Despite its public statements accepting the right of trade union organization, in practice BP has refused to enter a collective agreement with the National Oil Workers Union USO or recognizing any of the principal elements of trade union recognition. USO organizers that have tried have been driven out of the region or into exile.
There has been an upsurge in workers and community protests against BP in Casanare since the beginning of 2010. Workers at the Tauramena Central Processing Facility (CPF) starting 22 January went in strike supported by USO, the National Oil Workers Union of Colombia. On 15 February riot police brutally attacked the picket line, sending three workers to hospital. Demonstrations and popular assemblies in support of the stoppage took place in Tauramena and surrounding villages from February onwards. The USO union and many different community sectors came together to form the Movement for the Dignity of Casanare. The strike ended after 30 days when BP promised talks.
BP agreed to enter negotiations and there have since been five commissions dealing with labour issues, the environment, local supply of goods and services, social investment and human rights. The community has deep and long standing grievances. Environmental damage, for example, is extensive stemming from BP’s production practices such as diverting water sources underground to pressure up the oil; contamination from gas flaring and ground failures from seismic testing.
The workers and community report that BP has not taken the negotiations seriously. At first the corporation attempted to decide who the community and labour representatives would be, but this was thwarted by a letter signed by three thousand residents naming their representatives. Next BP threatened legal action because of complaints against it in a Petition of Demands presented to it by the union and the community. Then BP swamped the community with leaflets claiming what a great corporation it is. Finally, and despite other provocations, initial ‘pre-agreements’ were negotiated in the commissions concerning the environment, local supplies, social investment and human rights; but BP has continued to block substantive progress towards accepting the right of a collective agreement covering its workers, and those employed by its subsidiaries and contractors, at the CPF plant.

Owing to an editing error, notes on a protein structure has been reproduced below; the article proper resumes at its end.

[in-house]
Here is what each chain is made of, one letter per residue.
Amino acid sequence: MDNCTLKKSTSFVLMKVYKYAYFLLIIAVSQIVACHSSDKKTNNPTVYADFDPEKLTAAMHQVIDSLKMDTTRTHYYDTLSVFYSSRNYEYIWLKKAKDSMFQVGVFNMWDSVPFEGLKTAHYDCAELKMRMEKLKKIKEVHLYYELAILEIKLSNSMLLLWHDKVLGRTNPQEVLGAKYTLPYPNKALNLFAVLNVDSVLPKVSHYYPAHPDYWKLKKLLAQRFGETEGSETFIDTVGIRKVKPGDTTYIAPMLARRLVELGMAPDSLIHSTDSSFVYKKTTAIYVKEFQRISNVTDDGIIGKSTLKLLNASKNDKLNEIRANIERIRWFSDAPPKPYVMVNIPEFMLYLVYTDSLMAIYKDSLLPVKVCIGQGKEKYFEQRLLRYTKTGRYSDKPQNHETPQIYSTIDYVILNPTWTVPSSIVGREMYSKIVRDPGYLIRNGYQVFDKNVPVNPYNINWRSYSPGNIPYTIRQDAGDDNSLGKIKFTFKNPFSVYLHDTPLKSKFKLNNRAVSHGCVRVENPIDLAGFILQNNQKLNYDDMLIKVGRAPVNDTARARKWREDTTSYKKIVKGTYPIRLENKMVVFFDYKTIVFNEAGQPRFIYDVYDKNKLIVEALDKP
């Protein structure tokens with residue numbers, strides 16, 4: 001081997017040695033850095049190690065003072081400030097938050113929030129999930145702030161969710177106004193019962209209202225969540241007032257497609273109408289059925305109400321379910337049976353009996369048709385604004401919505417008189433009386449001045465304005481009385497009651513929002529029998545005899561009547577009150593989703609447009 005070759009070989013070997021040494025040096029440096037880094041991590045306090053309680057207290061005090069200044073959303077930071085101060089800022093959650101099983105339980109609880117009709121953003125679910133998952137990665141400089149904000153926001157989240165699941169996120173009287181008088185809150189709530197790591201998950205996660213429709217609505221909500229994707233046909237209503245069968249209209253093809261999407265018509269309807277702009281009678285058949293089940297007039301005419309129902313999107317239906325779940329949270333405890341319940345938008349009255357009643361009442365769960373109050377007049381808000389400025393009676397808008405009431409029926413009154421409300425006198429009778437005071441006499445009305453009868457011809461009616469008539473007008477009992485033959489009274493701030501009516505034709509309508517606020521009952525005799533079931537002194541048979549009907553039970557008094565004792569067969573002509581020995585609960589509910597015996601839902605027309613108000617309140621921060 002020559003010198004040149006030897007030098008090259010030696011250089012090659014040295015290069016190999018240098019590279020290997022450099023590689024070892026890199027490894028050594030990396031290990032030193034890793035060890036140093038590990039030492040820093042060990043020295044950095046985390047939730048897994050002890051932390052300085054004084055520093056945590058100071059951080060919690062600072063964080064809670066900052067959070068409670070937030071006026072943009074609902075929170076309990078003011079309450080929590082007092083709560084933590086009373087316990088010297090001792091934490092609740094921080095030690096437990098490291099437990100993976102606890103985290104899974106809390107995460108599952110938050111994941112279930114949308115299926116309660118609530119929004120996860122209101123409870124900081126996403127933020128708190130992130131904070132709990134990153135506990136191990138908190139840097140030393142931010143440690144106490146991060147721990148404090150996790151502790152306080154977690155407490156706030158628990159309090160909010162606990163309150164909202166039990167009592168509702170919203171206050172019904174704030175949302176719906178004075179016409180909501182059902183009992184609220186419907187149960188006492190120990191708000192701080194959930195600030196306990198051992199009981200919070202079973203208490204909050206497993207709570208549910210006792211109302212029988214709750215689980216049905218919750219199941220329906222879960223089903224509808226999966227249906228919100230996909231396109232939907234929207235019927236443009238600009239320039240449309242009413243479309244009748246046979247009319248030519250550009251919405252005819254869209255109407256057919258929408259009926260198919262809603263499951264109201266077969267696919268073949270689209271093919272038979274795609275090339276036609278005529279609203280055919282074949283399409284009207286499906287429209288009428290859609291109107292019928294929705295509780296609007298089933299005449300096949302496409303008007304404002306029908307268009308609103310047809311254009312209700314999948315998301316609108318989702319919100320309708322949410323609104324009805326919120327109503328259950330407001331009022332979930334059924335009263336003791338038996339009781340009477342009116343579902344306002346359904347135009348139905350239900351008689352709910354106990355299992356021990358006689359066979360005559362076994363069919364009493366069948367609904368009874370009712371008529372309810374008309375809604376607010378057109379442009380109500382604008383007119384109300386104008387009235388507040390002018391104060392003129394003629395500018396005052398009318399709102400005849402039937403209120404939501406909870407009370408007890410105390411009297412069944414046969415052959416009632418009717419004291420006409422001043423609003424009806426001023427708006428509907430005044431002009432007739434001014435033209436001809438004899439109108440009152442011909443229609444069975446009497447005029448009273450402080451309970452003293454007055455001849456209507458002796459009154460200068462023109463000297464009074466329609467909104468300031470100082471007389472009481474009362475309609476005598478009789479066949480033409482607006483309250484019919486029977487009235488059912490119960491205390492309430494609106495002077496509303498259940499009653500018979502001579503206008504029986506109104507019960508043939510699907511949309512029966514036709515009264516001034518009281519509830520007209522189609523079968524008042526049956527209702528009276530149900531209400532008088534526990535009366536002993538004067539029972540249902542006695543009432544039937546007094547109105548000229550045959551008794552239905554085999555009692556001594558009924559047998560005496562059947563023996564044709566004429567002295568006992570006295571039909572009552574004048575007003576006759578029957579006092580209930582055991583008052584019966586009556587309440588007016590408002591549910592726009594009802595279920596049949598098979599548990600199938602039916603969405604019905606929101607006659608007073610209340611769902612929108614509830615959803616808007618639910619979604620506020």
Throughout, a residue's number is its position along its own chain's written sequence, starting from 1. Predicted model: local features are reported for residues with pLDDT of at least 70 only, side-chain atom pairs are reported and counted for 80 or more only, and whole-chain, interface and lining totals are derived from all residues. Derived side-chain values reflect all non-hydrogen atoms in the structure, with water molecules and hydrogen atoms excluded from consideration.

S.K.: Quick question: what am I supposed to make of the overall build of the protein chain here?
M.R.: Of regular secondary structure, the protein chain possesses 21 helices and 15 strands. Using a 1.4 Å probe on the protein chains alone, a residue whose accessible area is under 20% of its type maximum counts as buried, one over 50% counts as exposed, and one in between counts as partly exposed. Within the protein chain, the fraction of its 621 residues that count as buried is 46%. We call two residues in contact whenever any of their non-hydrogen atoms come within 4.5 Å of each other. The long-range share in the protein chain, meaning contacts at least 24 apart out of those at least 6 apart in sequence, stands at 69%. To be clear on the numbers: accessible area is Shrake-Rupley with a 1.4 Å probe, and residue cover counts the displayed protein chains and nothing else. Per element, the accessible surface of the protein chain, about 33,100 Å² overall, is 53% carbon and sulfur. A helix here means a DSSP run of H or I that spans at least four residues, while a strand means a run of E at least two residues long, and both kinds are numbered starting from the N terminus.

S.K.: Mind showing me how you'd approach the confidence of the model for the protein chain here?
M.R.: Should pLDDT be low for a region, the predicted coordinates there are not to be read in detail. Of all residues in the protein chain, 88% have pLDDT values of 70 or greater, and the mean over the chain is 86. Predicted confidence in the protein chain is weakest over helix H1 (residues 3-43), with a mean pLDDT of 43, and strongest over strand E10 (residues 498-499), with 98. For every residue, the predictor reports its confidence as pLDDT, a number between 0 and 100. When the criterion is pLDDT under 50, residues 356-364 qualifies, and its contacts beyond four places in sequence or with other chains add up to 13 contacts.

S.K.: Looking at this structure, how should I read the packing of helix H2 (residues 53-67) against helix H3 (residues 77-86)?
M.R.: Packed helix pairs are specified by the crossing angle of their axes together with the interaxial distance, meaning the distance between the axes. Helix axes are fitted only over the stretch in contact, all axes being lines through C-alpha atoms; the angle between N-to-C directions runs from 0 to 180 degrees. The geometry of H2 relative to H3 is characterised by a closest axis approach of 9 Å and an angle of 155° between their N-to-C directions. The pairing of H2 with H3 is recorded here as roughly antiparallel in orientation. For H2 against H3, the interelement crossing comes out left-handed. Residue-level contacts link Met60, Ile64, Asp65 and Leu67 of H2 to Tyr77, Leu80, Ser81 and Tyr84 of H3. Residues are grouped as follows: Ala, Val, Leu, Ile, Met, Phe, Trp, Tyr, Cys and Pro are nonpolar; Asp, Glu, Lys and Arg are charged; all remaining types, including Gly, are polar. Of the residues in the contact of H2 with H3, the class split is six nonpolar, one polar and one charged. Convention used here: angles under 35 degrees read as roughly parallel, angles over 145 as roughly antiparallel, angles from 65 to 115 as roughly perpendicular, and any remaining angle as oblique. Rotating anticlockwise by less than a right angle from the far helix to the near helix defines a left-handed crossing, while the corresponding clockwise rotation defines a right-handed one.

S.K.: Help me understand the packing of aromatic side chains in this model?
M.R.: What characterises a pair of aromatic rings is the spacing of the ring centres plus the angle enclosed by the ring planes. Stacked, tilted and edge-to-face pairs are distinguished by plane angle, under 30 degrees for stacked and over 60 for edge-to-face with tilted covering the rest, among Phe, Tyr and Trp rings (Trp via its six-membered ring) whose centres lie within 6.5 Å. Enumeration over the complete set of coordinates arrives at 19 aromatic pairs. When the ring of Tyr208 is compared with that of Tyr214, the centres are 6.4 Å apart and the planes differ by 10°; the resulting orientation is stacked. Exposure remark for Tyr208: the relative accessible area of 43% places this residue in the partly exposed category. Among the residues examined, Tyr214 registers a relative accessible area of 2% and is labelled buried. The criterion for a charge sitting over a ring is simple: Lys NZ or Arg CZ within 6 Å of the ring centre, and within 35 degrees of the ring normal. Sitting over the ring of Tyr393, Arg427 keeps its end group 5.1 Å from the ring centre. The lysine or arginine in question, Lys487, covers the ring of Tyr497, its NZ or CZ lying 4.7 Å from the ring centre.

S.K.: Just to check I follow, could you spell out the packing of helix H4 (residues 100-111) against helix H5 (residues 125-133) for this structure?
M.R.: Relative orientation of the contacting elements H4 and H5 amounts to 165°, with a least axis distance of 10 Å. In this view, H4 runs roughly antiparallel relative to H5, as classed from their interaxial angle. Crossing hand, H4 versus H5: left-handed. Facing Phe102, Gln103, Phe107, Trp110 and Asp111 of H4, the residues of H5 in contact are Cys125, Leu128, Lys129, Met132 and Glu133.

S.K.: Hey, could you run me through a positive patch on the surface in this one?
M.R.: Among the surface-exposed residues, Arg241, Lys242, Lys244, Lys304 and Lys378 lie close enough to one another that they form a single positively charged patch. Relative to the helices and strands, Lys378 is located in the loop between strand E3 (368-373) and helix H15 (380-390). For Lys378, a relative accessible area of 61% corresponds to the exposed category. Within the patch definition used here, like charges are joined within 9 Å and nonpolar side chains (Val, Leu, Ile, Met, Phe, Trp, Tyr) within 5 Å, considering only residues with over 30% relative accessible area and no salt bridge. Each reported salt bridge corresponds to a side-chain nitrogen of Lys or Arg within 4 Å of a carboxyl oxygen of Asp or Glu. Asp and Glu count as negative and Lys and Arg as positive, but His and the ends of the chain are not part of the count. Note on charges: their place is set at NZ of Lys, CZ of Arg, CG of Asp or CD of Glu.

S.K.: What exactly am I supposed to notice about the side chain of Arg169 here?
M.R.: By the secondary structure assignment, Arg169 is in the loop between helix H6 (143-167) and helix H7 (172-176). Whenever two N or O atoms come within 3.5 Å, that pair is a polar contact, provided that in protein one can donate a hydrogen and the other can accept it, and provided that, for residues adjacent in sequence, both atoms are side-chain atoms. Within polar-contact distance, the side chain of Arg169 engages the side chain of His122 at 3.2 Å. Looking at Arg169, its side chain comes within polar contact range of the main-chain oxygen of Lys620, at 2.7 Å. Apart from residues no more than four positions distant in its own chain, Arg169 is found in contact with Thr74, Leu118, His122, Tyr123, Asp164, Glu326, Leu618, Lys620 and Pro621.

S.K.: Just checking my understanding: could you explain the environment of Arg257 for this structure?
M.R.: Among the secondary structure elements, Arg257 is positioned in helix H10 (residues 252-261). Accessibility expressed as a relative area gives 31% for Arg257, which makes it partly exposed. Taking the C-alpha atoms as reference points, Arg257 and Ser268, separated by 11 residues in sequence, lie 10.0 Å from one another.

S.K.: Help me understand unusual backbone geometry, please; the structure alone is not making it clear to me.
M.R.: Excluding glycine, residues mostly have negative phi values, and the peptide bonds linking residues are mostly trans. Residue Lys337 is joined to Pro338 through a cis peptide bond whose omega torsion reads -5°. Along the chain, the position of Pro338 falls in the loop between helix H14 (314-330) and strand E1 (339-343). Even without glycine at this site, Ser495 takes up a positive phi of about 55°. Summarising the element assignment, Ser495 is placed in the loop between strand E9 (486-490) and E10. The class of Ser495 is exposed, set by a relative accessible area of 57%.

The workers and community wanted talks to resume on 12 May, but BP has delayed this until 23 June. Meanwhile threats against community and union leaders began to grow, which is grave indeed given the history of elimination of community leaders in the recent past.
On 21 May workers involved in construction operations in the Tauramena installation entered into occupation demanding: a wage increase; the establishment a wage scale; due process in disciplinary decisions; and labour guarantees for the workers. On 2 June army forces entered the plant and at time of writing are harassing the workers, who stay overnight chaining themselves to plant equipment so that they cannot be dislodged.
Colombia Solidarity Campaign, 6 June 2010
Public Hearing On BP’s Activities In Colombia
Casanare: Exhuming the Genocide – DVD eye witness statements from relatives. £3 (members free)
New documentary online video: Big Oil In Colombia
USO Workers Front Strike Bulletins (various editions) http://www.colombiasolidarity.org.uk
Workers attacked by ESMAD riot police http://colombia.indymedia.org/news/2010/02/111585.php
Military Inside the Tauramena CPE plant http://www.youtube.com/user/eldiatv#p/a/u/0/k8pv-FCIPn4
Colombian Army Attacks Striking BP Workers article http://upsidedownworld.org
London Picket Photos http://www.demotix.com/news/346779/bp-picket-colombian-oil-workers
London Picket 2 June Video http://www.youtube.com/watch?v=udl9CioEblI
This union branch / body sends our solidarity greetings to Colombian oil workers in the USO branch in Tauramena, Casanare and to the Movement for the Dignity of Casanare. We support these organisations’ demands for a collective agreement, full trade union recognition and to a negotiated solution to the community’s concerns on the environment, supply of goods and services, social investment and human rights.
We are gravely concerned for the safety of USO workers who have occupied the Tauramena production facility since 21 May and urge satisfaction of their demands for a wage increase; a wage scale; due process in disciplinary decisions; and labour guarantees for the workers which we consider the absolute minimum for respectful indutrial relations
We condemn the hostile attitude of the management of BP and urge the corporation to significantly adjust its position and enter into negotiations with USO and the Movement for the Dignity of Casanare constructively and in good faith.
We further condemn the aggression of the Colombian state as evidenced in the police attack on the workers picket line and the army’s occupation of the plant.
This branch pledges our full support to USO, the National Oil Workers Union of Colombia, and to the Movement for the Dignity of Casanare.
We agree to send a message expressing our concerns to BP.
We endorse the weekly pickets of BP Group headquarters in London and affiliate to the Colombia Solidarity Campaign.
We agree to send a message of solidarity to USO and a donation of £ ___________.
Contacts and further information:
Colombia Solidarity Campaign, PO Box 8446, London N17 6NZ